State of Minnesota,





Bruce Ray Fairbanks,



Filed November 2, 2004

Vacated and remanded

Lansing, Judge

Anoka County District Court

File No. KX-00-7845



Mike Hatch, Attorney General, 1800 NCL Tower, 445 Minnesota Street, St. Paul, MN 55101; and


Robert M.A. Johnson, Anoka County Attorney, Marcy S. Crain, Assistant County Attorney, Anoka County Government Center, 2100 Third Avenue, 7th Floor, Anoka, MN 55303 (for respondent)


John Stuart, State Public Defender, Davi E. Axelson, Assistant Public Defender, Suite 425, 2221 University Avenue Southeast, Minneapolis, MN 55414 (for appellant)


            Considered and decided by Shumaker, Presiding Judge; Lansing, Judge; and Harten, Judge.


I.                    Whether a defendant’s conviction involves “aggravating factors” that warrant sentencing as a “dangerous offender” under Minn. Stat. § 609.1095, subd. 2(2)(ii) (2002) is a jury determination by application of the Sixth Amendment and Blakely v. Washington, 124 S. Ct. 2531 (2004).

II.                 A defendant’s knowing waiver of the right to a jury trial on a criminal charge is not presumed to constitute a waiver of the defendant’s right to have a jury determine any facts necessary to a subsequent sentencing decision.



            On remand following appeal, the district court reduced Bruce Fairbanks’s kidnapping sentence from 480 months to 240 months, but ordered that he serve it consecutively to his 240-month assault sentence.  Fairbanks appeals, contending that the combined upward durational departure and consecutive sentence is not supported by severe aggravating circumstances and that the sentence is constitutionally invalid under Blakely v. Washington, 124 S. Ct. 2531 (2004).  We vacate the sentence and remand for proceedings consistent with Blakely.


Bruce Fairbanks appealed his conviction and sentence for first-degree assault against a correctional employee in violation of Minn. Stat. § 609.221, subd. 2 (1998), and kidnapping in violation of Minn. Stat. § 609.25, subd. 1(1) (1998).  State v. Fairbanks, No. C0-02-1576, 2003 WL 21911109 (Minn. App. Aug. 12, 2003) (Fairbanks I), review denied (Minn. Oct. 21, 2003).  We affirmed the sufficiency of the evidence to prove the requisite intent for the assault charge.  But we remanded to the district court for reconsideration of the 480-month sentence for kidnapping based on the Minnesota Supreme Court’s intervening decision in Neal v. State, 658 N.W.2d 536 (Minn. 2003), which cautioned against sentences approaching the statutory maximum absent severe aggravating circumstances.  Fairbanks I, 2003 WL 21911109, at *5 (citing Neal, 658 N.W.2d at 546). 

On remand, the district court replaced the concurrent 240-month and 480-month sentences for the assault and kidnapping, respectively, with consecutive 240-month sentences.  To support the greater-than-double departure on the kidnapping sentence, the court relied on Minn. Stat. § 609.1095, subd. 2 (2002), and four additional factors:  the victim was particularly vulnerable; Fairbanks treated the victim with particular cruelty; he engaged in a significant amount of planning prior to the incident; and his actions placed multiple persons at risk. 

In this second appeal, Fairbanks challenges the adequacy of the aggravating circumstances to support the combined upward durational departure and consecutive sentence and the constitutionality of his sentence under Blakely v. Washington, 124 S. Ct. 2531 (2004).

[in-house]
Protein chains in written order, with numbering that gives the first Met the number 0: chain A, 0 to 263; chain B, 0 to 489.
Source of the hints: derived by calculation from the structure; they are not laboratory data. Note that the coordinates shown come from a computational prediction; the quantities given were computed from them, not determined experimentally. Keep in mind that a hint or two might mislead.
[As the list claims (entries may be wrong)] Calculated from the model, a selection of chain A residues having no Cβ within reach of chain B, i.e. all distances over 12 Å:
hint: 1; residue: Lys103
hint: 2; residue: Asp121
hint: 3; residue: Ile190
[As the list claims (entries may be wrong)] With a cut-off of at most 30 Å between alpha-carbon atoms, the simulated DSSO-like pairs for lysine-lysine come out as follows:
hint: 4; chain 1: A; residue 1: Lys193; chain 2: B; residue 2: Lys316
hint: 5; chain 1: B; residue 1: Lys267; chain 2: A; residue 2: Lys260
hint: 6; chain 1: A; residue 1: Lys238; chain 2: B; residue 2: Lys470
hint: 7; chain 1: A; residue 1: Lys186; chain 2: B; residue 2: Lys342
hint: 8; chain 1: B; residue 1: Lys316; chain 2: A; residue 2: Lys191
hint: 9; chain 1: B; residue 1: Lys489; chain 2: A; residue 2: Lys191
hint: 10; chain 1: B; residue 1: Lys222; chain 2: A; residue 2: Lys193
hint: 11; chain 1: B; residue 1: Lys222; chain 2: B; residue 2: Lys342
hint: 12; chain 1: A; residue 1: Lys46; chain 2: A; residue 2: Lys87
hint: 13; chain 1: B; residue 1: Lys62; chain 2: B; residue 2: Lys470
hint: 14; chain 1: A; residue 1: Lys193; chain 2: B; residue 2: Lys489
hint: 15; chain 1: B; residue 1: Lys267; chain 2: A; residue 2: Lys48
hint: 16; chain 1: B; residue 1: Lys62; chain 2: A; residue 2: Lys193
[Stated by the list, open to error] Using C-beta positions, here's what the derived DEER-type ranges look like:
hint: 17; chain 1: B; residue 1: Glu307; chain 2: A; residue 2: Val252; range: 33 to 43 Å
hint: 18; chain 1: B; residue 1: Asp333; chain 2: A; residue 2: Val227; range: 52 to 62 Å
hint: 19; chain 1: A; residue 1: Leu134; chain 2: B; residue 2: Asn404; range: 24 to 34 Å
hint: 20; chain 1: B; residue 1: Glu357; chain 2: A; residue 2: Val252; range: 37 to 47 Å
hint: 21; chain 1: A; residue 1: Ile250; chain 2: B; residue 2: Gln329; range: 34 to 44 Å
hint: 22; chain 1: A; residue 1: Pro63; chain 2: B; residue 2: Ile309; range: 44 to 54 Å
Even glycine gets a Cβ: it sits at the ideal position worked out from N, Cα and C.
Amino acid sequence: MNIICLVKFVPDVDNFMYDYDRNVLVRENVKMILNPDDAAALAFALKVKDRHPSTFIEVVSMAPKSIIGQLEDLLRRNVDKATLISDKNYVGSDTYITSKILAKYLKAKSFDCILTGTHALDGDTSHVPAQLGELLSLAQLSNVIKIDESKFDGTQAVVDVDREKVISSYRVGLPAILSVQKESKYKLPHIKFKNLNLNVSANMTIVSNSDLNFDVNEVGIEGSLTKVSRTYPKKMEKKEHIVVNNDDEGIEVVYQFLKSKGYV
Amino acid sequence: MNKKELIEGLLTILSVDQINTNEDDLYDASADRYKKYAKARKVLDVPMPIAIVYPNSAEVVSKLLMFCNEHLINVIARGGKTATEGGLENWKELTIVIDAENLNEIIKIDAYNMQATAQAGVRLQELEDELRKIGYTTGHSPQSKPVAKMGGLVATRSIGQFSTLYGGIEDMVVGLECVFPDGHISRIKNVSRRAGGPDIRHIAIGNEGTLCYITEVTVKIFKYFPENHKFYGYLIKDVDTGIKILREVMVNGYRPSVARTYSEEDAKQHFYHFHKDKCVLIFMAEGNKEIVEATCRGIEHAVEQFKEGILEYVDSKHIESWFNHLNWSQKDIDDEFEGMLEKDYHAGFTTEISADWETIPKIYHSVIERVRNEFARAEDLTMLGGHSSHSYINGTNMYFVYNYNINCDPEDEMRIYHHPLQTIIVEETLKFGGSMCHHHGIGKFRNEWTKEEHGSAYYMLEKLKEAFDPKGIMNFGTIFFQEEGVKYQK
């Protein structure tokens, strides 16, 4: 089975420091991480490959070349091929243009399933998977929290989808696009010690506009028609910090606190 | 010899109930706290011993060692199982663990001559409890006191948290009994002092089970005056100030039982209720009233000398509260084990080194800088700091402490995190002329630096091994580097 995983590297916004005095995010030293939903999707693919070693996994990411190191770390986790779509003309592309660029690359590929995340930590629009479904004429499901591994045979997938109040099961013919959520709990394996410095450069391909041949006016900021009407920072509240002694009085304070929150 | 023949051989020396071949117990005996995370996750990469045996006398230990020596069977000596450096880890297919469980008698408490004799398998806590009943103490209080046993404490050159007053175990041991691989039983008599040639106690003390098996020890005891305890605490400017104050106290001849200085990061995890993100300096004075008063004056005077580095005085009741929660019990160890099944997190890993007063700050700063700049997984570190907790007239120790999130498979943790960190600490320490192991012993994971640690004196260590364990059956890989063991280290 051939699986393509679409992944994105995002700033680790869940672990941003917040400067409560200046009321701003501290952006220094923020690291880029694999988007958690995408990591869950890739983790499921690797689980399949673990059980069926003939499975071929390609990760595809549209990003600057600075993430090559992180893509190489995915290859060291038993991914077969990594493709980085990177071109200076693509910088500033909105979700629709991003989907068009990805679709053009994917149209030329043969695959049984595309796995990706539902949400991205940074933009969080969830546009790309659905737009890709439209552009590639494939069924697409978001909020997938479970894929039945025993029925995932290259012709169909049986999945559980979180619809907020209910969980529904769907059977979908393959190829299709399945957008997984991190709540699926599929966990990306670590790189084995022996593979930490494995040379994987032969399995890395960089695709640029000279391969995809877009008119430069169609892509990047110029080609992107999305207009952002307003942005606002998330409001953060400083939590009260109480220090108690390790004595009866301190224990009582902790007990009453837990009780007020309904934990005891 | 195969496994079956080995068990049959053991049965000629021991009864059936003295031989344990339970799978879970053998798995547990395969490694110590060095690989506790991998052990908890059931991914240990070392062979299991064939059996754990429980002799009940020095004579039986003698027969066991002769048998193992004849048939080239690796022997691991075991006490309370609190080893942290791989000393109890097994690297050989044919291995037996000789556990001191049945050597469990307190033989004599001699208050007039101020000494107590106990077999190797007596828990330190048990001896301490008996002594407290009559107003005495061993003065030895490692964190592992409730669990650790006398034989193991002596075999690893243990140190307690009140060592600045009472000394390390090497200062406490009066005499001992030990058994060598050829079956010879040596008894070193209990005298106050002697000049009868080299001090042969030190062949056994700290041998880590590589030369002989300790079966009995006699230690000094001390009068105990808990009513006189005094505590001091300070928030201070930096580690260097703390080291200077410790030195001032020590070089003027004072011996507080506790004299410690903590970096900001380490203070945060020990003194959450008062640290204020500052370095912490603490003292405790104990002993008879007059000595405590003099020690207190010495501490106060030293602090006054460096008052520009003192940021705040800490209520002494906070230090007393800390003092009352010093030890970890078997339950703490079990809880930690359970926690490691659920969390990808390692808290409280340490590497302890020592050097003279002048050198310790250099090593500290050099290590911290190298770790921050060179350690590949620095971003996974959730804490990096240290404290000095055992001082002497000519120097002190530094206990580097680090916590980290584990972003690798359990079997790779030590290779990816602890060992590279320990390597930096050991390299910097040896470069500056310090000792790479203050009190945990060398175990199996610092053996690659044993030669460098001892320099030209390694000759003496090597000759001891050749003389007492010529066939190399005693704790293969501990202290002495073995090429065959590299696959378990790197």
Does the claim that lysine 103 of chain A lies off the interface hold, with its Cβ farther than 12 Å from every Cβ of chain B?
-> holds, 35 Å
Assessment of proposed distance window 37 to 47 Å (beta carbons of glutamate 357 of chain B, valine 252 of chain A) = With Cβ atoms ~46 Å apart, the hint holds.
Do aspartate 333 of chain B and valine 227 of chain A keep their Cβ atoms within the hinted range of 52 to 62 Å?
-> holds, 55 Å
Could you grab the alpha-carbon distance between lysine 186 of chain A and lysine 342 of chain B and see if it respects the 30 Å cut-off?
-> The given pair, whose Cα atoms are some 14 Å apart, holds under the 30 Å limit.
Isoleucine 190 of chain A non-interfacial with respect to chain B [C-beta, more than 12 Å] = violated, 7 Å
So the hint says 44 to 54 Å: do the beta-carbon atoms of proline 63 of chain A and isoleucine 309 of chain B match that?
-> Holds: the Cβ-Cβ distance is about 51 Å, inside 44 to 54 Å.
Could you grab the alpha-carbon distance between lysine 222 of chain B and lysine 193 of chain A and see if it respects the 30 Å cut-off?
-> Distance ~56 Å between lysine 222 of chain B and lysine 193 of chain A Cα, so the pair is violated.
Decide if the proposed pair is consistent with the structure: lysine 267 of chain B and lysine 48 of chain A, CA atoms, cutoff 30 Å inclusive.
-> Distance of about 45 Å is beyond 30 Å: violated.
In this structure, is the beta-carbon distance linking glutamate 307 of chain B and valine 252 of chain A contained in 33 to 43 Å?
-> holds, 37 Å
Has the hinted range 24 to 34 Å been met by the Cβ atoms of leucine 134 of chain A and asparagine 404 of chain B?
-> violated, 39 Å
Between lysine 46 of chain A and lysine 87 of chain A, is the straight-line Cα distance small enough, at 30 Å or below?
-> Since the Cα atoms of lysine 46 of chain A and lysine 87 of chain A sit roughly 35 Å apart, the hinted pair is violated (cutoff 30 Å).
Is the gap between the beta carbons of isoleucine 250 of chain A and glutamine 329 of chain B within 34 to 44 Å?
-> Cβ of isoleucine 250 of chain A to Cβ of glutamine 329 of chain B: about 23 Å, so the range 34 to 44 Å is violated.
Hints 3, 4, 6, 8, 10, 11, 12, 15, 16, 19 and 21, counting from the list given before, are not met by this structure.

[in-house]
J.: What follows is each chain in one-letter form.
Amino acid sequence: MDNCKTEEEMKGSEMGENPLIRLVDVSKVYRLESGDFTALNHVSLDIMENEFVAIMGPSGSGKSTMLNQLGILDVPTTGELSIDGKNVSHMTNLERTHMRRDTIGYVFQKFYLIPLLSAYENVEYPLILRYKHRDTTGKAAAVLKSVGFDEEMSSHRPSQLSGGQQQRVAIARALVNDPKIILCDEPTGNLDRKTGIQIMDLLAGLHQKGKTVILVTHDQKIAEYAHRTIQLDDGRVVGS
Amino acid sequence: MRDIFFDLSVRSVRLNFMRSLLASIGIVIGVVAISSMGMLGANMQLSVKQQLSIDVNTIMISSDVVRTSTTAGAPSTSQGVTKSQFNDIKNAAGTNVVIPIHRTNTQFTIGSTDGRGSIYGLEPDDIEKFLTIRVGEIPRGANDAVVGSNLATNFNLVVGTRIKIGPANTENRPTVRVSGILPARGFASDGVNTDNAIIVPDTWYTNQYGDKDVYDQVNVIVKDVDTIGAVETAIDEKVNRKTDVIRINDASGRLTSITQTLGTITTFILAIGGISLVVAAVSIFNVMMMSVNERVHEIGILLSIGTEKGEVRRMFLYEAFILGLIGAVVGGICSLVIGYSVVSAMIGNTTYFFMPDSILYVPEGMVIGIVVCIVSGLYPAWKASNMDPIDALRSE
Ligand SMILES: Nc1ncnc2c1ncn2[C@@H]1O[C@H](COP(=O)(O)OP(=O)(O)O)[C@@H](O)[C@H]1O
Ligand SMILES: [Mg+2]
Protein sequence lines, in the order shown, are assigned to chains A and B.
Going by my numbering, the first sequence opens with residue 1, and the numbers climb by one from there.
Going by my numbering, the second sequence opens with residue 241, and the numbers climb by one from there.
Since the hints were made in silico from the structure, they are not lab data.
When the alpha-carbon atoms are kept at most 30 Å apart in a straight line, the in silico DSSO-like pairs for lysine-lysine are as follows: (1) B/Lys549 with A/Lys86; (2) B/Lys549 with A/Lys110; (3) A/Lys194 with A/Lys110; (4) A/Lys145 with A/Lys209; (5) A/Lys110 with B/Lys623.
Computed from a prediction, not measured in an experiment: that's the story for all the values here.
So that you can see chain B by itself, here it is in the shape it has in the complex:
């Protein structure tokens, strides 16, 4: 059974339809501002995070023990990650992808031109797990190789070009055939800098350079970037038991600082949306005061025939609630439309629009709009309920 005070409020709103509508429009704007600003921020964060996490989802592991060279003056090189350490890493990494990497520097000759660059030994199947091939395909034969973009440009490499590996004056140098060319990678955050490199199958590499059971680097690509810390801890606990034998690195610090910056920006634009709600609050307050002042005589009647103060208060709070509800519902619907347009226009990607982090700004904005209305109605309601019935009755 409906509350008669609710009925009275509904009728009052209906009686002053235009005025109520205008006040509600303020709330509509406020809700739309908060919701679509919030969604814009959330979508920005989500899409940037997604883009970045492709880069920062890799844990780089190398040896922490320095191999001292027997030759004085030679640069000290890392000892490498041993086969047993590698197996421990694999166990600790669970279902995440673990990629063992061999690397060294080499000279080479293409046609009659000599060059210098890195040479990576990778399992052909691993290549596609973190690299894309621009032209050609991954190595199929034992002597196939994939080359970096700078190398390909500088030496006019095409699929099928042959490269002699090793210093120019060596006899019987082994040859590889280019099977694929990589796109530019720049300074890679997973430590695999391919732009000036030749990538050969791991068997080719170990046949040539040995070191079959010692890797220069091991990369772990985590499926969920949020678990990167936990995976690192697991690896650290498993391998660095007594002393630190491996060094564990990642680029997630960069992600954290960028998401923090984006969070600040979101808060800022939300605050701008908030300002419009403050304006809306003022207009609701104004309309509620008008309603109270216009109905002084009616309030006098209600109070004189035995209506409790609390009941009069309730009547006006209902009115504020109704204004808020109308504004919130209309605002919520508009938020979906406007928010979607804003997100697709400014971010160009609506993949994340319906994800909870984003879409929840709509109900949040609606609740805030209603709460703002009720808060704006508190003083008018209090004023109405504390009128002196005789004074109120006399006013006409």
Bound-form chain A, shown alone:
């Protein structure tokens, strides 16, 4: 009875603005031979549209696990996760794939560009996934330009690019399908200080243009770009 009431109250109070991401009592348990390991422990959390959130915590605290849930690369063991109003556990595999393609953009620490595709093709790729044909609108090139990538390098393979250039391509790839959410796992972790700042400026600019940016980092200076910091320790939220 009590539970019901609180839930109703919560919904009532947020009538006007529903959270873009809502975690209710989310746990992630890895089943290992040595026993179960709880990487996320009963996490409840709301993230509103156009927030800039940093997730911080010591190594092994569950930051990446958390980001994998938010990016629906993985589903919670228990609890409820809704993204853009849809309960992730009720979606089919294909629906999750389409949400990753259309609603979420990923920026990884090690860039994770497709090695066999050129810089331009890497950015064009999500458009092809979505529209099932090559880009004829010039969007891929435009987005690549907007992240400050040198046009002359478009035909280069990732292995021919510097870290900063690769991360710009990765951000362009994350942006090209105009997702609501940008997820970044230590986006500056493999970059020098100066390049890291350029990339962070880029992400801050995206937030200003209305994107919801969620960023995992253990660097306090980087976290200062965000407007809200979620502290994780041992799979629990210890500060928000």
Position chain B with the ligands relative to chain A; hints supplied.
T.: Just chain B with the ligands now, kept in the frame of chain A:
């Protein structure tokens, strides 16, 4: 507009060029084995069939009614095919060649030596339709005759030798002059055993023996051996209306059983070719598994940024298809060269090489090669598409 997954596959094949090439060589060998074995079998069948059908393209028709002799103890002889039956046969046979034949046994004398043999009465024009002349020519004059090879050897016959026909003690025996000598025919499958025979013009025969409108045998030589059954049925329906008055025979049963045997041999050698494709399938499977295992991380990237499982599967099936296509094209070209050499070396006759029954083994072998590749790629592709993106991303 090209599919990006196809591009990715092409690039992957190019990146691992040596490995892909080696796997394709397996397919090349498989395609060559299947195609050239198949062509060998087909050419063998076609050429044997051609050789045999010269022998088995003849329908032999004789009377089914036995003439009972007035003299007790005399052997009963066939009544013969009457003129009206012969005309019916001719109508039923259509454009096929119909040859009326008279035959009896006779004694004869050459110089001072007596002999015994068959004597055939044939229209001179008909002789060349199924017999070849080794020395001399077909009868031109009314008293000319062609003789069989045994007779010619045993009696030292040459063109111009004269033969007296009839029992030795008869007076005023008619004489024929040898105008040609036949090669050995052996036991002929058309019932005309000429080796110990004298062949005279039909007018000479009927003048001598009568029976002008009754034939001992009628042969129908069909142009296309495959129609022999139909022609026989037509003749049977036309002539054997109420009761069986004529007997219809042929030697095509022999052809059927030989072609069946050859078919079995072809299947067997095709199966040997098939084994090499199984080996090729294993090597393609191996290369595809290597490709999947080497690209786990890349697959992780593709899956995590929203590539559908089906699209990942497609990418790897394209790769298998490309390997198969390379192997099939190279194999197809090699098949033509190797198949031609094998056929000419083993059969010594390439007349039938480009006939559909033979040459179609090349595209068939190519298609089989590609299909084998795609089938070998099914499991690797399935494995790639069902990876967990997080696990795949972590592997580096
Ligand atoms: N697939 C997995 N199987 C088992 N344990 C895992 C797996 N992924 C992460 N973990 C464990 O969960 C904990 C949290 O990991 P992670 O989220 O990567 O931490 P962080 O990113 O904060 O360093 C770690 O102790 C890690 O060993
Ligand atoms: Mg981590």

Does the district court’s upward departure on the kidnapping sentence violate appellant’s Sixth Amendment right to a jury trial?




            The district court’s 240-month sentence for Fairbanks’s kidnapping offense is based on a double upward departure under Minn. Stat. § 609.1095, subd. 2 (2002), and additional circumstances, which the court determined to be severe, aggravating factors.  Fairbanks’s sentence for first-degree assault of a correctional employee is also a double departure from the guidelines sentence. 

Subsequent to the district court’s resentencing in response to Fairbanks I, the United States Supreme Court released Blakely v. Washington, 124 S. Ct. 2531 (2004).  The Blakely decision refined the rule announced in Apprendi v. New Jersey, 530 U.S. 466, 490, 120 S. Ct. 2348, 2362-63 (2000), that the Sixth Amendment requires that “any fact that increases the penalty for a crime beyond the prescribed statutory maximum must be submitted to a jury, and proved beyond a reasonable doubt.”  Blakely, 124 S. Ct. at 2536 (quoting Apprendi, 530 U.S. at 490, 120 S. Ct. at 2362-63).

In supplemental briefing Fairbanks and the state presented arguments on whether Blakely applies to Fairbanks’s sentence.  The court in Blakely, addressing the Washington criminal code, interpreted “statutory maximum” to mean “not the maximum sentence a judge may impose after finding additional facts, but the maximum [the judge] may impose without any additional findings.”  Id. at 2537.  Thus, under Blakely, an upward sentencing departure under a statutory framework materially comparable to the Washington criminal code may not rely on judicially determined facts; a jury must find the facts that support the upward departure.  Id. at 2538. 

The state argues that Blakely does not apply to Fairbanks’s sentence because (1) the Washington guidelines, unlike Minnesota’s, are legislatively rather than administratively determined; (2) Fairbanks waived his right to be sentenced by a jury when he submitted his case on stipulated evidence; and (3) Fairbanks is not entitled to the benefit of the Blakely holding.  We address each of these arguments.